W2 Form: Everything You Need to Know Before Filing Taxes

Written By:
May 20, 2024

As a startup founder, understanding the W-2 form is vital for managing your financial responsibilities and ensuring tax compliance in the US. Without this form, it can be difficult for your employees to determine their correct tax liabilities, potentially leading to errors and delays. And for you, hefty penalties. 

This blog covers everything about Form W-2, right from what information it includes, how to read it to its significance for your startup. Keep reading to know more. 

What is a W-2 Form?

The W-2, also known as the 'Wage and Tax Statement,' is a tax form that reports the annual wages and taxes withheld from the paychecks of your employees throughout the year. As an employer, you are required to send this to your employees, the Internal Revenue Service (IRS), and the Social Security Administration (SSA) every year. It allows these agencies to cross-check the income and tax information reported by both the employer and the employees, ensuring accuracy and compliance with tax laws.

The W-2 form provides a detailed breakdown of an employee's compensation from a specific job, including important information about gross wages or salaries, federal and state taxes withheld, and Social Security and Medicare taxes deducted. However, it is not issued to independent contractors or self-employed workers. 

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When to Issue a W-2 Form?

According to IRS regulations, you must send W-2 forms to your employees by January 31 every year. This timeline is applicable regardless of whether the employee is still employed or is no longer working with the company. 

If you fail to distribute the W-2 forms by the deadline, you may face penalties and fines from the IRS. 

  • As of 2024, the penalties can range from $60 to $310 per form, depending on how late the forms are filed. 
  • In extreme cases, if the IRS determines that the delay in filing was because of deliberate disregard of the law, the penalty can be as high as $630 per form.

For employees who leave your company before the year ends, you can distribute their W-2s any time before but no later than the end of January of the following year. 

If an employee requests their W-2, you must provide them with a copy within 30 days of the request or 30 days of their final paycheck, whichever comes later.

W2 Deadline for 2024

What are the Important Deadlines for Filing W-2s?

Here are the deadlines for employers to submit W-2 forms to the SSA and state tax agencies:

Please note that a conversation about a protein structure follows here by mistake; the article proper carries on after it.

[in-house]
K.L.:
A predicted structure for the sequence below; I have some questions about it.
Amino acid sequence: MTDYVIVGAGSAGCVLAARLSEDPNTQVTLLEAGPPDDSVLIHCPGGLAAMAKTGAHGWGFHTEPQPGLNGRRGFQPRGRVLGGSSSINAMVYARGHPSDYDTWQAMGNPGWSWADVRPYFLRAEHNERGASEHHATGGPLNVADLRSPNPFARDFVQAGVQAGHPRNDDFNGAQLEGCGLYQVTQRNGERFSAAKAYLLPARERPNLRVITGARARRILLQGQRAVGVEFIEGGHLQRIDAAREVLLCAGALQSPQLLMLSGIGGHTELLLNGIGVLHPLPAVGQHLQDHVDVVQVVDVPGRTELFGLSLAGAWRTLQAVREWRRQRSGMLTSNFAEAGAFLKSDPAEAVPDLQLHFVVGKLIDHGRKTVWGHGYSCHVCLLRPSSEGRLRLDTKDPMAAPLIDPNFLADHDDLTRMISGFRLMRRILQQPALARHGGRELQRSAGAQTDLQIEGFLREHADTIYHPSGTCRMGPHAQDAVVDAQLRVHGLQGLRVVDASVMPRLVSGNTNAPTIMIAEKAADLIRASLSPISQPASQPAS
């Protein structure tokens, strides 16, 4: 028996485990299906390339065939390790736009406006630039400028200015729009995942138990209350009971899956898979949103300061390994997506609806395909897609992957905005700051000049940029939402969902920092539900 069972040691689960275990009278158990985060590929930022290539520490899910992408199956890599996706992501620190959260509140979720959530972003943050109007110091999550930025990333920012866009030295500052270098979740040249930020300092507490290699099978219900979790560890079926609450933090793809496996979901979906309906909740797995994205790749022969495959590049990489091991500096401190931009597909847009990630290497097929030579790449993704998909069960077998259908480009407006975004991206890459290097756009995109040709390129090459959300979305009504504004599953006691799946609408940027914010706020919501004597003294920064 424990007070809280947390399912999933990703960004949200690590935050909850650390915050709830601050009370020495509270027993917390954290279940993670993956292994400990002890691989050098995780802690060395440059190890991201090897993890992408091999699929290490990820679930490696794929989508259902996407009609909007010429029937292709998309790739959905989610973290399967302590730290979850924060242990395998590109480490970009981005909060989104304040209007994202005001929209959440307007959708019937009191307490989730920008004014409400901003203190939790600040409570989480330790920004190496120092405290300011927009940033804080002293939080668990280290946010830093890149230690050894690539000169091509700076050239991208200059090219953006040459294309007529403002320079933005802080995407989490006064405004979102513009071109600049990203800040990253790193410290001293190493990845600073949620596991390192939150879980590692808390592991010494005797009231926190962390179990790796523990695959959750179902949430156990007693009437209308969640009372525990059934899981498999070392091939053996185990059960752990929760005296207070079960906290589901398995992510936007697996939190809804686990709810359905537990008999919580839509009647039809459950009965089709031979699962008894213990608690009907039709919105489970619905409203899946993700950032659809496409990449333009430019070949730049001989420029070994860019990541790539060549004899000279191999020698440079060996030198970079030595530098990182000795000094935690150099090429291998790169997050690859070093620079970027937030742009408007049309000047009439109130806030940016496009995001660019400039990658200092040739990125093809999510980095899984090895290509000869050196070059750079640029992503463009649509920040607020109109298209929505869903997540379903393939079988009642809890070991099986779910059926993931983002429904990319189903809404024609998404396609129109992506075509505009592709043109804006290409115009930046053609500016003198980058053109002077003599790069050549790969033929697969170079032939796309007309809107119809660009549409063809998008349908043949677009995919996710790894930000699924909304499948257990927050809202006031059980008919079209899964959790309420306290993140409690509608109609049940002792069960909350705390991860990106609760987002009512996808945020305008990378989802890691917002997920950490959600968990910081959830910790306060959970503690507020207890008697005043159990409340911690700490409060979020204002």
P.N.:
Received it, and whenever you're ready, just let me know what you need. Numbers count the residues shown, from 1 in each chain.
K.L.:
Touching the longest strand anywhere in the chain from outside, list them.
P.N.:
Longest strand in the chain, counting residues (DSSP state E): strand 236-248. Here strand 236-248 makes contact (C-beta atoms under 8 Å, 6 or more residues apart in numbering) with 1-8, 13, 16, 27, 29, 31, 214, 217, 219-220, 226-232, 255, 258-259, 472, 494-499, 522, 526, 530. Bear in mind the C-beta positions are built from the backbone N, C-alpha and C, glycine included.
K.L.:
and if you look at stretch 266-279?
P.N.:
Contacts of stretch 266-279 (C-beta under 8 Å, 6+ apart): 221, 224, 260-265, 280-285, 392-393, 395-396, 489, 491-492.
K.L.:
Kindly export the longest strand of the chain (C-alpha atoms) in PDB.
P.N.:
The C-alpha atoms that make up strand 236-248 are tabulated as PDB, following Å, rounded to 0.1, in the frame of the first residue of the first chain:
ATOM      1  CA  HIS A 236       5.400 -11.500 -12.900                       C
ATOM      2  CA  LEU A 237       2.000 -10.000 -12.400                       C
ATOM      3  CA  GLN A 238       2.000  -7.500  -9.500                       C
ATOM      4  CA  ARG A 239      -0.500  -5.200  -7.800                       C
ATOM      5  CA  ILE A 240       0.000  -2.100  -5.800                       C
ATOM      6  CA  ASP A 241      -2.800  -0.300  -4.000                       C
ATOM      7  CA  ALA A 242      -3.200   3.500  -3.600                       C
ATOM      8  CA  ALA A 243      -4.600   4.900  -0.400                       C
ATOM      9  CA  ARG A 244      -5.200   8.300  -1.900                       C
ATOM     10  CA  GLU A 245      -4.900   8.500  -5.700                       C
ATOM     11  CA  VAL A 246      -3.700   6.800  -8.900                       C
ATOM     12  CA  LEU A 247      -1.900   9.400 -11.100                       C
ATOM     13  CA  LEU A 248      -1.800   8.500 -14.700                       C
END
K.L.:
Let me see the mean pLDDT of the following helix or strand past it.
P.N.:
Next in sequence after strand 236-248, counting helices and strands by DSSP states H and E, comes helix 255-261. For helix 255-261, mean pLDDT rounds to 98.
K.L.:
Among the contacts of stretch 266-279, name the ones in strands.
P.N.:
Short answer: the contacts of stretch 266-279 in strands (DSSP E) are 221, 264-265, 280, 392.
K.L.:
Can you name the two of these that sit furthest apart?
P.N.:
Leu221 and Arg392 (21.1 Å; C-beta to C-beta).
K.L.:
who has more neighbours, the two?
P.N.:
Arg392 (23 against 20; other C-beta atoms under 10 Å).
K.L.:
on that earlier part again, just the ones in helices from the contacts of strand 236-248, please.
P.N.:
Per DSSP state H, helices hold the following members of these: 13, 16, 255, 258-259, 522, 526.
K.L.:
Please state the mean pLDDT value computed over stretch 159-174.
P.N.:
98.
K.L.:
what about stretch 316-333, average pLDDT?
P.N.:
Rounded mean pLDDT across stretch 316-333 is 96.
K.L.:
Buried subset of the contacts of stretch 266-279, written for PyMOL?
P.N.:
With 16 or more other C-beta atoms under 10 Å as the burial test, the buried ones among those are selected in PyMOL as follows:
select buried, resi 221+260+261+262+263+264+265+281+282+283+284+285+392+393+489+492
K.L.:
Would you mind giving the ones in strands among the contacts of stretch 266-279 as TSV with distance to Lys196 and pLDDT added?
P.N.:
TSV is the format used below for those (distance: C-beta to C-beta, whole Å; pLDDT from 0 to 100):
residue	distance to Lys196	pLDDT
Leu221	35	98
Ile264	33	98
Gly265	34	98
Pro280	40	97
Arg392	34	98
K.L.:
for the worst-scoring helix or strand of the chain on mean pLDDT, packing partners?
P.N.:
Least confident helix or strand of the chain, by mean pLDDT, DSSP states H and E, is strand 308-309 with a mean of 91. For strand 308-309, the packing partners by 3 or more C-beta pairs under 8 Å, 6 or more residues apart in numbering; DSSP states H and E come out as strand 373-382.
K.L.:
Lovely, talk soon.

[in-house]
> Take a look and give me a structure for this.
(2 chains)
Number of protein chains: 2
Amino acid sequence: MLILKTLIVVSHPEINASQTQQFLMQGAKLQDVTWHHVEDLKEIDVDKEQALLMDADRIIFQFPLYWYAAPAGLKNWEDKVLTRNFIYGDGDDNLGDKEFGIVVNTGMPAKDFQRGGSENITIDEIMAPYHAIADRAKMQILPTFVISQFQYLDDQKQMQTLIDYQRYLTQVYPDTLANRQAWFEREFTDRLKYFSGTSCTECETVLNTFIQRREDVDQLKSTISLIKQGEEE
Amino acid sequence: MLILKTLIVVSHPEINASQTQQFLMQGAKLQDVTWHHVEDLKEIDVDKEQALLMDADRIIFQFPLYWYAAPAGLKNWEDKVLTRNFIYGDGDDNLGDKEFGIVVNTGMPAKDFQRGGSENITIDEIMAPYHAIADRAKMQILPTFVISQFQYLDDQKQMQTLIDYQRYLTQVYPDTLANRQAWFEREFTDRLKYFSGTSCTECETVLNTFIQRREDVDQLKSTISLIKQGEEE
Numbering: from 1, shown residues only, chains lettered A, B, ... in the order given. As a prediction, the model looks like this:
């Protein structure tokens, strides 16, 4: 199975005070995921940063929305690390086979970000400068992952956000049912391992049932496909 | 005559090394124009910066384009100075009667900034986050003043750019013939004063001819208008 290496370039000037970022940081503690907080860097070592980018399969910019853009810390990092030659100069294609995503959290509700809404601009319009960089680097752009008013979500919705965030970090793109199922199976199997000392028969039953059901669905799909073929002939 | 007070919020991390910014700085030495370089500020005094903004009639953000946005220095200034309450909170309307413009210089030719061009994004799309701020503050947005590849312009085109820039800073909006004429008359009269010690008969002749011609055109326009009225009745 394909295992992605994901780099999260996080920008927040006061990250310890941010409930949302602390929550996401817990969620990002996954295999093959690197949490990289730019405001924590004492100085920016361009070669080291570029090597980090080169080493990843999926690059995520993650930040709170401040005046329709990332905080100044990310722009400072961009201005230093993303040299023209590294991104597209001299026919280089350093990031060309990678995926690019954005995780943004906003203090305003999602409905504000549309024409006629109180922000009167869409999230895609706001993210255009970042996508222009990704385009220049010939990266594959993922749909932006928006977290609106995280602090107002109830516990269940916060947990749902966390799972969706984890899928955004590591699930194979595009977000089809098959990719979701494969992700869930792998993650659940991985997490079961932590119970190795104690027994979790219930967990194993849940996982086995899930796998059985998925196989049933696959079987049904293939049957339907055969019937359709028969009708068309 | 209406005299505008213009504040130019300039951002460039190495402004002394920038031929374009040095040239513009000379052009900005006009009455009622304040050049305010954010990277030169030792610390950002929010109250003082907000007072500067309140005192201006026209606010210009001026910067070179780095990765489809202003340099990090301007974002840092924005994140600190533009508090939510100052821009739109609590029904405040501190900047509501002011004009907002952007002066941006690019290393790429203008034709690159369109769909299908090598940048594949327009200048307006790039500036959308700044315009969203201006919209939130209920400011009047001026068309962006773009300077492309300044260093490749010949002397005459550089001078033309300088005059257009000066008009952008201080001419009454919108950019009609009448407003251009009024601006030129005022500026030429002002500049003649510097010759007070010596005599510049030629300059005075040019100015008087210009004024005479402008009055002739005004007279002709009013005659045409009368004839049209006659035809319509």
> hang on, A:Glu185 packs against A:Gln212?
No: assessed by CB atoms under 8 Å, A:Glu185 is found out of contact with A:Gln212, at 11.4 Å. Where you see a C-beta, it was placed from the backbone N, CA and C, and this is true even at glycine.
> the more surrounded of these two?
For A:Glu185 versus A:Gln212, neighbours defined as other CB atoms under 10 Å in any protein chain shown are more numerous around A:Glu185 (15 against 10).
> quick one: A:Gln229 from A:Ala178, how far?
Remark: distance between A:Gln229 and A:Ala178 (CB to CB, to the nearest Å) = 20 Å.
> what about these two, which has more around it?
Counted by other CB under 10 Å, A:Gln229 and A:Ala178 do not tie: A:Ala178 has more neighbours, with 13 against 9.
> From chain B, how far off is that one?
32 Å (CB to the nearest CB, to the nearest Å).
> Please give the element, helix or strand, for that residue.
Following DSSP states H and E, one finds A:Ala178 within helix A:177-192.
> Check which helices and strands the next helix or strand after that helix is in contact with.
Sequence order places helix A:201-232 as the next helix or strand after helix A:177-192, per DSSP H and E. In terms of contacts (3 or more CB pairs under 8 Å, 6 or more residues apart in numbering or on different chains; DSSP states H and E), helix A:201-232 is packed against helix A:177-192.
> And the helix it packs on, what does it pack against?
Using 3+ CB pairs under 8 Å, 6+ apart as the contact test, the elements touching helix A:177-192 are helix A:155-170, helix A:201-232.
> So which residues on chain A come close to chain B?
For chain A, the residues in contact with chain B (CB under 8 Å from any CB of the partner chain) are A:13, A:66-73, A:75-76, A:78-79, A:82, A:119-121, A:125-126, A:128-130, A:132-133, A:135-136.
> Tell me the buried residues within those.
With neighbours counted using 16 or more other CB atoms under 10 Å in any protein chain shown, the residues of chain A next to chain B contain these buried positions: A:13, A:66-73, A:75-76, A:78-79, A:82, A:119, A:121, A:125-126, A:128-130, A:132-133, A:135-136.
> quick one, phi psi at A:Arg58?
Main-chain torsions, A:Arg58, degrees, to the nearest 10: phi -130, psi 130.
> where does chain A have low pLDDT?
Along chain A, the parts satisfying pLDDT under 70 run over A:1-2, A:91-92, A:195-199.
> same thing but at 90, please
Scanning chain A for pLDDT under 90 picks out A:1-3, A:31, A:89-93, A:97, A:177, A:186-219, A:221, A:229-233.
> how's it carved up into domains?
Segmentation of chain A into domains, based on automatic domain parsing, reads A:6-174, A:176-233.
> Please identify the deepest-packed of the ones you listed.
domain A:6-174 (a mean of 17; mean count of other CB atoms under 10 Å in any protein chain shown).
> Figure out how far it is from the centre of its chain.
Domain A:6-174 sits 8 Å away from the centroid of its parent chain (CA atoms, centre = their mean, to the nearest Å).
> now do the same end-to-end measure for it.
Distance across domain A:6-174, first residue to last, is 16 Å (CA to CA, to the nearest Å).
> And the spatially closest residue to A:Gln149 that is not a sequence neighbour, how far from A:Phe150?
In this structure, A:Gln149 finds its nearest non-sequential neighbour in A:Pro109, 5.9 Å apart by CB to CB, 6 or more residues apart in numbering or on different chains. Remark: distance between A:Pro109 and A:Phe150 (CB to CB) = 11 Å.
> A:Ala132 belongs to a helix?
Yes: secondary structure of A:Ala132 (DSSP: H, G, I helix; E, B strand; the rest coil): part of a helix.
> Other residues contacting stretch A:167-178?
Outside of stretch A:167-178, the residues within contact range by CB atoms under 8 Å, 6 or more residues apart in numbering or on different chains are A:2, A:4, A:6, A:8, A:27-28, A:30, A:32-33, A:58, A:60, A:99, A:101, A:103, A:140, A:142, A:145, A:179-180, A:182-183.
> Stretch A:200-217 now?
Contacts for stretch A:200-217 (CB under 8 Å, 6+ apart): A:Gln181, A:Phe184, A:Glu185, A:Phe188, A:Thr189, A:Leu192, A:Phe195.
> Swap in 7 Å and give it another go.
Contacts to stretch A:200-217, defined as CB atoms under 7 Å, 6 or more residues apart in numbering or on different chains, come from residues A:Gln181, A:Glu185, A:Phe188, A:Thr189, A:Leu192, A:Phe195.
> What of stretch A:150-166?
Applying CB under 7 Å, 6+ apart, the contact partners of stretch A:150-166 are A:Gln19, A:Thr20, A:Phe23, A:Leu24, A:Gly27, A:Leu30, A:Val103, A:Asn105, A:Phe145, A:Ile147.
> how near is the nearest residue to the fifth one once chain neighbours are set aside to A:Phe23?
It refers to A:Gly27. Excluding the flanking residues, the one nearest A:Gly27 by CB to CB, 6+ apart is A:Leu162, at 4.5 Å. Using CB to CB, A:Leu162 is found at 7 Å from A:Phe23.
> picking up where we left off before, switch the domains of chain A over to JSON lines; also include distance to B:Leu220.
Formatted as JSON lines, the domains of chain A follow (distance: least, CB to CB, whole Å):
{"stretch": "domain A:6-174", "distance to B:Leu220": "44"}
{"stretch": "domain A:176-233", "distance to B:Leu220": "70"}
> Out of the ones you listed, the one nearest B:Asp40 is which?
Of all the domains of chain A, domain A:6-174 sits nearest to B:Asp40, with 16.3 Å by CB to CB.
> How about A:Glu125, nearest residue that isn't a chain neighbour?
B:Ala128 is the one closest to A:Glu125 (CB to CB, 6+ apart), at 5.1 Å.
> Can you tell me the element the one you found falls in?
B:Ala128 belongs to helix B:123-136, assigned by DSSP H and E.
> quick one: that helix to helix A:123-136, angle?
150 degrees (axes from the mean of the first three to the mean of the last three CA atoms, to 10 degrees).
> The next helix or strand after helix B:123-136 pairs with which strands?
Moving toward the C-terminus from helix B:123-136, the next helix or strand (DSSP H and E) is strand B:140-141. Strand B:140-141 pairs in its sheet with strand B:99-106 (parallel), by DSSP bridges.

• SSA and IRS Deadline: You must submit W-2 forms to the SSA and IRS by January 31st each year. This timeline applies to both paper and electronic filings. The SSA uses the information from the W-2 forms to calculate employees' Social Security benefits and track their income history.
  • State Tax Agency Deadlines: In addition to the SSA, you must also submit W-2 forms to state tax agencies. The deadlines for state submissions vary, but most states follow the same deadline as the SSA. However, some states may have different deadlines, so you must check with your state's tax agency for specific requirements.
  • Electronic Filing Deadline: If you are filing W-2 forms electronically, the deadline is also January 31. Electronic filing is mandatory for employers who file 250 or more W-2 forms. You can file electronically through the SSA's Business Services Online (BSO) portal or through a third-party provider.
  • Extensions and Penalties: If you need more time to file your W-2 forms, you can request a 30-day extension by submitting Form 8809 to the IRS by January 31. However, this extension does not apply to the deadline for furnishing W-2 forms to employees. If you miss the deadline, you may face penalties, as discussed in the previous section.

What Details Does Form W-2 Contain?

W2 form

Form W-2 is available on the IRS website and features distinct boxes, each covering different details related to the employee's income and tax obligations. Here are the important sections of Form W-2:

  • Identifying Information (Boxes A-F): These boxes cover essential details such as the employee and employer names and addresses, the employee's Social Security number, and the employer's Employer Identification Number (EIN) and state ID number.
  • Federal Tax Withholding: some text
    • Box 1 details the employee's total taxable income, including wages, salary, tips, and bonuses.
    • Box 2 shows how much federal income tax your company withheld from your employee's paychecks throughout the year.
  • Social Security Tax Details: some text
    • Box 3 covers the earnings subject to Social Security tax.
    • Box 4 showcases the specific amount of Social Security tax deducted from the employee's pay.
  • Medicare Tax Information: some text
    • Box 5 outlines the income subject to Medicare tax.
    • Box 6 discloses the precise amount of Medicare tax withheld from the employee's pay, with the employee's share set at 1.45%.
  • Tip Income Reporting (Boxes 7-8): These boxes describe any tip income reported and are subject to taxation.
  • Dependent Care Benefits (Box 10): It reports any dependent care assistance you provided to the employee throughout the year, if applicable.
  • Deferred Compensation Details (Box 11): This box specifies any deferred compensation received by the employee through a non-qualified plan.
  • Miscellaneous Compensation and Adjustments (Box 12): It presents various forms of compensation or reductions from taxable income. Each is denoted by a single-letter or double-letter code, potentially including contributions to retirement plans like a 401(k).